RUTLEDGE, Tenn. (WATE) — For someone who has been training people proper firearm safety for 25 years, Carl Culbertson is worried for the public’s safety after Gov. Bill Lee signed the permitless carry bill into law.

On Wednesday, Lee held a ceremonial signing event of the law, which he had signed back in April but the law doesn’t go into effect until July 1.

Culbertson and his wife Cynthia run the C&C Firearm Training in Grainger County. He knows the ins and outs of proper gun handling and has seen many people come through his class with no knowledge at all.

“It’s kind of amazing sometimes how careless people will be with a firearm. And the first thing they never, they don’t do is they don’t check to see if it’s loaded or unloaded. That is the most important thing,” Culbertson said.

Culbertson said he’s known proper gun handling all his life. His dad taught him when he was young, and then he became an expert shooter after years in the United States Army.

“I was a NRA master, U.S. Army distinguished pistol shot, member of the President’s Hundred (Tab),” Culbertson said.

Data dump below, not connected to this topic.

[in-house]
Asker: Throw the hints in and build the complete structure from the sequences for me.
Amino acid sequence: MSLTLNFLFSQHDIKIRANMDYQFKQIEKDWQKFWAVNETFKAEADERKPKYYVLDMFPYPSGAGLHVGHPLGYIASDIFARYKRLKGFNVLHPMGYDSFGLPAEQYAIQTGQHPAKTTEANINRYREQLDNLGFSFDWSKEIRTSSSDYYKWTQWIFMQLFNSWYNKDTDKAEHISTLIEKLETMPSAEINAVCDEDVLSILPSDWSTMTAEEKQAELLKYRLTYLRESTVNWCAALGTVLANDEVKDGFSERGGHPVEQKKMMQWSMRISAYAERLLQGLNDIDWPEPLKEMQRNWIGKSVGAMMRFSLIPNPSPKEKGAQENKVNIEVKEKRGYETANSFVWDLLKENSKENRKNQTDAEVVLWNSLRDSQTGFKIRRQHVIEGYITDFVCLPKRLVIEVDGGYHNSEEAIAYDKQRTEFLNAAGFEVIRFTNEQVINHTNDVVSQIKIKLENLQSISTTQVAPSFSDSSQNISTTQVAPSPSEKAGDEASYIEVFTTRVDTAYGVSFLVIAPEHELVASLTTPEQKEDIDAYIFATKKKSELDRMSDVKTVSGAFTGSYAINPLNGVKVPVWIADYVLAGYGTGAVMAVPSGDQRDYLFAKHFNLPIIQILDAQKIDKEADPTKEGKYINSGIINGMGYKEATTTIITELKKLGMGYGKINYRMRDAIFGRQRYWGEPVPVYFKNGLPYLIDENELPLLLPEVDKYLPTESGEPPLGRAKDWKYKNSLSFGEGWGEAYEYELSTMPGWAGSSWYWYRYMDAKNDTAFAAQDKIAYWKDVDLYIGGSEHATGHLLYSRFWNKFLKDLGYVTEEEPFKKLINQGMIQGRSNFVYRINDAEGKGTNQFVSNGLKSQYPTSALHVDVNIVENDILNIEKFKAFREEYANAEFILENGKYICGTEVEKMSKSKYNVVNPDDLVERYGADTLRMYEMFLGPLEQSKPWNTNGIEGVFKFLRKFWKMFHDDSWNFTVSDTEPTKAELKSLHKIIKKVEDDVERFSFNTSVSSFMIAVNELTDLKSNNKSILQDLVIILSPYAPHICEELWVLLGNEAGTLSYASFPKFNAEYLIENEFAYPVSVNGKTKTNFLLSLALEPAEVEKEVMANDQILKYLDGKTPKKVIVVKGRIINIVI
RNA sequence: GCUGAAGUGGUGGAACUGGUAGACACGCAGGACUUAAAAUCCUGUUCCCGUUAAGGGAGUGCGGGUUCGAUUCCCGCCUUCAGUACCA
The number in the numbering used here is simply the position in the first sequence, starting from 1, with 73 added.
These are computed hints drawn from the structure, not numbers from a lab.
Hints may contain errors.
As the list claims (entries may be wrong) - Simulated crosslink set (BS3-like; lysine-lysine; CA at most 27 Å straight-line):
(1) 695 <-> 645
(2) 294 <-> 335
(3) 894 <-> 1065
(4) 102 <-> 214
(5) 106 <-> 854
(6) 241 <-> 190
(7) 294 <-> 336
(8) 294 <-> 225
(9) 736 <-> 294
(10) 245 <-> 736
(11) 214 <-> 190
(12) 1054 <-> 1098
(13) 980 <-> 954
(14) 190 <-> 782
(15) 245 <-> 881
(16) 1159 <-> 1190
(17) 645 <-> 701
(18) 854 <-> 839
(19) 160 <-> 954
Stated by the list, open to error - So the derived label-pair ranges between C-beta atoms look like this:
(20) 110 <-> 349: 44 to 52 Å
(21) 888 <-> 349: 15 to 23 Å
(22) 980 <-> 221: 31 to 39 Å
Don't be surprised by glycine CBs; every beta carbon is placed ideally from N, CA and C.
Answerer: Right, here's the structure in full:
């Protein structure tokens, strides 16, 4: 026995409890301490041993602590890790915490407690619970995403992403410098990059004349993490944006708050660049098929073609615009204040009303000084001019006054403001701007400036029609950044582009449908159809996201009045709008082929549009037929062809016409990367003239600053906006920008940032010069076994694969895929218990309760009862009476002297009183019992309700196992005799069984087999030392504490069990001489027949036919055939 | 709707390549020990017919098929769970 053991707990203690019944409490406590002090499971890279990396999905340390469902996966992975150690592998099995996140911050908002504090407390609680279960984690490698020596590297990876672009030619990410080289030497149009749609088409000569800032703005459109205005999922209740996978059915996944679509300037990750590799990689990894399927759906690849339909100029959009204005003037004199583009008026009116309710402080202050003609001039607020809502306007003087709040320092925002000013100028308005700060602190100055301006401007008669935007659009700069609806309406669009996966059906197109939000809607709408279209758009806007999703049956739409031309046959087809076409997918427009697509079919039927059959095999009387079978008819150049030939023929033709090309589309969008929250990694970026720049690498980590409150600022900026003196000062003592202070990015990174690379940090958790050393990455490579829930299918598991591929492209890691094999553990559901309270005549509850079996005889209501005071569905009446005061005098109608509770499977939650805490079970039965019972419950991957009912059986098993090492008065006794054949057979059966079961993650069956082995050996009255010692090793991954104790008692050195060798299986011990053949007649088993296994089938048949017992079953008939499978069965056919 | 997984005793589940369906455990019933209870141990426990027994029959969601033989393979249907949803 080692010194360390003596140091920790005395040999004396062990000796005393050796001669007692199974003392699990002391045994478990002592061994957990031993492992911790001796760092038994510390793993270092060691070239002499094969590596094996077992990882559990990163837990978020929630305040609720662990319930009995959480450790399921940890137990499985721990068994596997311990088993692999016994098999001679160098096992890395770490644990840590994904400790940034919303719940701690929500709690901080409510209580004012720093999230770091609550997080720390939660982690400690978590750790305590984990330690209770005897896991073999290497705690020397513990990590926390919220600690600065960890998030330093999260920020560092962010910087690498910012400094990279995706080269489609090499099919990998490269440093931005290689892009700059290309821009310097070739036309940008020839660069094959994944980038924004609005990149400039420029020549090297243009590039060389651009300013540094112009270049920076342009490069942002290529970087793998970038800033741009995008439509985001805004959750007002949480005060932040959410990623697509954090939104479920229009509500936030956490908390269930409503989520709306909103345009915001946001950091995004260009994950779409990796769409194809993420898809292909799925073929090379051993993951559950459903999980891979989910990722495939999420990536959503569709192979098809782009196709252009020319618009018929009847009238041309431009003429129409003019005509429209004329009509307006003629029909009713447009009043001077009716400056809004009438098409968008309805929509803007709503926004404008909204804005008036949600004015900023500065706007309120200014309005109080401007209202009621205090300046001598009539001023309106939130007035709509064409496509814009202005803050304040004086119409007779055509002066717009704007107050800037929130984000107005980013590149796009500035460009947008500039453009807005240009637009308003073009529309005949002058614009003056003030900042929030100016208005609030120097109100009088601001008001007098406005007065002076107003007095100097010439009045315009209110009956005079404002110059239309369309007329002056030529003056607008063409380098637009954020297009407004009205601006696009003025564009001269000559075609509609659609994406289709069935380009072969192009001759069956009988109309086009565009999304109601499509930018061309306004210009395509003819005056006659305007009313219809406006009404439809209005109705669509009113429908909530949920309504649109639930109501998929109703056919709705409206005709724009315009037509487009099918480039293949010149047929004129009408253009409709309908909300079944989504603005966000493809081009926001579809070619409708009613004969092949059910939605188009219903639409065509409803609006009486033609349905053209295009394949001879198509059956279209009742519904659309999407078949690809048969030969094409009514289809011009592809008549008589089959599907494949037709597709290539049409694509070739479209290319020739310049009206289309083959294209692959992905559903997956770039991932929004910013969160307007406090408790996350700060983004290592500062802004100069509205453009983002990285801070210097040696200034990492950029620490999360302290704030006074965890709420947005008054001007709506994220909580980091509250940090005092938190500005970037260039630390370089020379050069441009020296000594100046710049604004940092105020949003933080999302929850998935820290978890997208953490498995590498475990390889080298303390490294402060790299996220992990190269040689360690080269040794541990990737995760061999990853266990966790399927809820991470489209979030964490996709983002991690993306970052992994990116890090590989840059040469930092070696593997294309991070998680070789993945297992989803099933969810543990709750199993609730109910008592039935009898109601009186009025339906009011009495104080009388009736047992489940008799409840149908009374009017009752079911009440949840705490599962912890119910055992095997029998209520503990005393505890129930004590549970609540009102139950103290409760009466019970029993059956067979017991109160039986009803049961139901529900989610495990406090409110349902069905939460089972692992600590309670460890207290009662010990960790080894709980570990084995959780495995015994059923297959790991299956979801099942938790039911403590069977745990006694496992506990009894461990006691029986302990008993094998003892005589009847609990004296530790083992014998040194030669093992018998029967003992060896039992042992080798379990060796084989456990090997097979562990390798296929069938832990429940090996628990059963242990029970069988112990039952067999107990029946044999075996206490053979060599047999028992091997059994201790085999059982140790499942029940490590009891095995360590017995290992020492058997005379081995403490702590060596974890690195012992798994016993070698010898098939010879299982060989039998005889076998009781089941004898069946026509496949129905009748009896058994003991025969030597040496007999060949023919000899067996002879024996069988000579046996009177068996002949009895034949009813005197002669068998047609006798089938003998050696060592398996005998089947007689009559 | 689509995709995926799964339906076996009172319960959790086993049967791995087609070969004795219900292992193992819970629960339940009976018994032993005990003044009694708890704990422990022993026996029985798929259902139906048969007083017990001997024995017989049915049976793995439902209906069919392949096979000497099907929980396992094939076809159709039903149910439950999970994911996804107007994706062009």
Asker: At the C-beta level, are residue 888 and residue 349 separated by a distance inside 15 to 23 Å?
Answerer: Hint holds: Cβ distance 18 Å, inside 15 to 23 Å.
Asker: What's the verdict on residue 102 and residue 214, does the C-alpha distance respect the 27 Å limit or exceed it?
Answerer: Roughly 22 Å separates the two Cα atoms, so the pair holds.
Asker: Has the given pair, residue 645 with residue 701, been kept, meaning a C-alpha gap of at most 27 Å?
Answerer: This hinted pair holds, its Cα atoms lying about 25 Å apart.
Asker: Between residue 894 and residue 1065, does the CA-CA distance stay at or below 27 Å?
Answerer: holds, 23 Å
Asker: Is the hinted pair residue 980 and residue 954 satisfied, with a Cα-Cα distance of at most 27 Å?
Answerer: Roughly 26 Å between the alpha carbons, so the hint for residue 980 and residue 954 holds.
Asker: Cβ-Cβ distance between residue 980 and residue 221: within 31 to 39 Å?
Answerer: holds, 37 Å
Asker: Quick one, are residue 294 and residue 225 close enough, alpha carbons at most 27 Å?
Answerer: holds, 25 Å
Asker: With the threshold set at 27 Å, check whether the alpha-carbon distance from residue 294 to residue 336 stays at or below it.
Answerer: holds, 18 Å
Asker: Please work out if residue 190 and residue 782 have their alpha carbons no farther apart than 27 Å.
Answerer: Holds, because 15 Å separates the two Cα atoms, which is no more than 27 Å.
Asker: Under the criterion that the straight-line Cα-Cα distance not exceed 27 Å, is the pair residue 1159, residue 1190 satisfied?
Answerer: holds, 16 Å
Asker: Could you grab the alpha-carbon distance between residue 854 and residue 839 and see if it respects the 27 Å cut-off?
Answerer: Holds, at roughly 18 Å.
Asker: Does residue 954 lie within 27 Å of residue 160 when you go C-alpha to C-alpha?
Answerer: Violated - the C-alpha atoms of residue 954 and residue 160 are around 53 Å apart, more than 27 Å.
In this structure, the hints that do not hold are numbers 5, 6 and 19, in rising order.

The President’s Hundred Tab is Culbertson’s proudest achievement. Culbertson has had at least 6,000 people go through his course over the 25 years in business. During the eight-to-nine-hour course, gun owners learn how to clean a gun, properly handle the gun, how to aim, best ways to store the guns, laws and regulations when it comes to carrying the gun and more.

“They need to understand the legal rights and responsibilities, they need to understand gun safety, and if you’re going to carry your weapon for self-defense, you need to reasonably be able to expect to hit what you’re shooting at,” Culbertson said.

Culbertson said he believes in the Second Amendment and the right to carry, and he even believes in constitutional carry. But, he said, with constitutional carry, he believes people need to know gun safety.

“There has to be a little common sense that goes with it. Some safety training just like driving a car. You know, you just don’t give a person a car and say ‘go drive,'” Culbertson said.

Culbertson said he’s not saying all this because he relies on training for income, and with the permitless carry law people won’t need to sign up for his classes. In fact, he said, it’s the opposite. Shooting guns is a hobby, and teaching proper safety is something he and his wife like to do. They like meeting new people through the classes.

He said he disagrees with the law and is concerned simply because he is worried about the safety of the new gun owners, and the people they are around.

“My concern is for the people who never had any safety training whatsoever. But, also those people who know how to handle a gun, still need to understand their legal rights and responsibilities,” Culbertson said.

Culbertson said he plans to continue teaching gun safety. A perk of his enhanced carry class is that the permit is accepted in 39 states, Culbertson said. To sign up for a class, you can call 865-850-1495.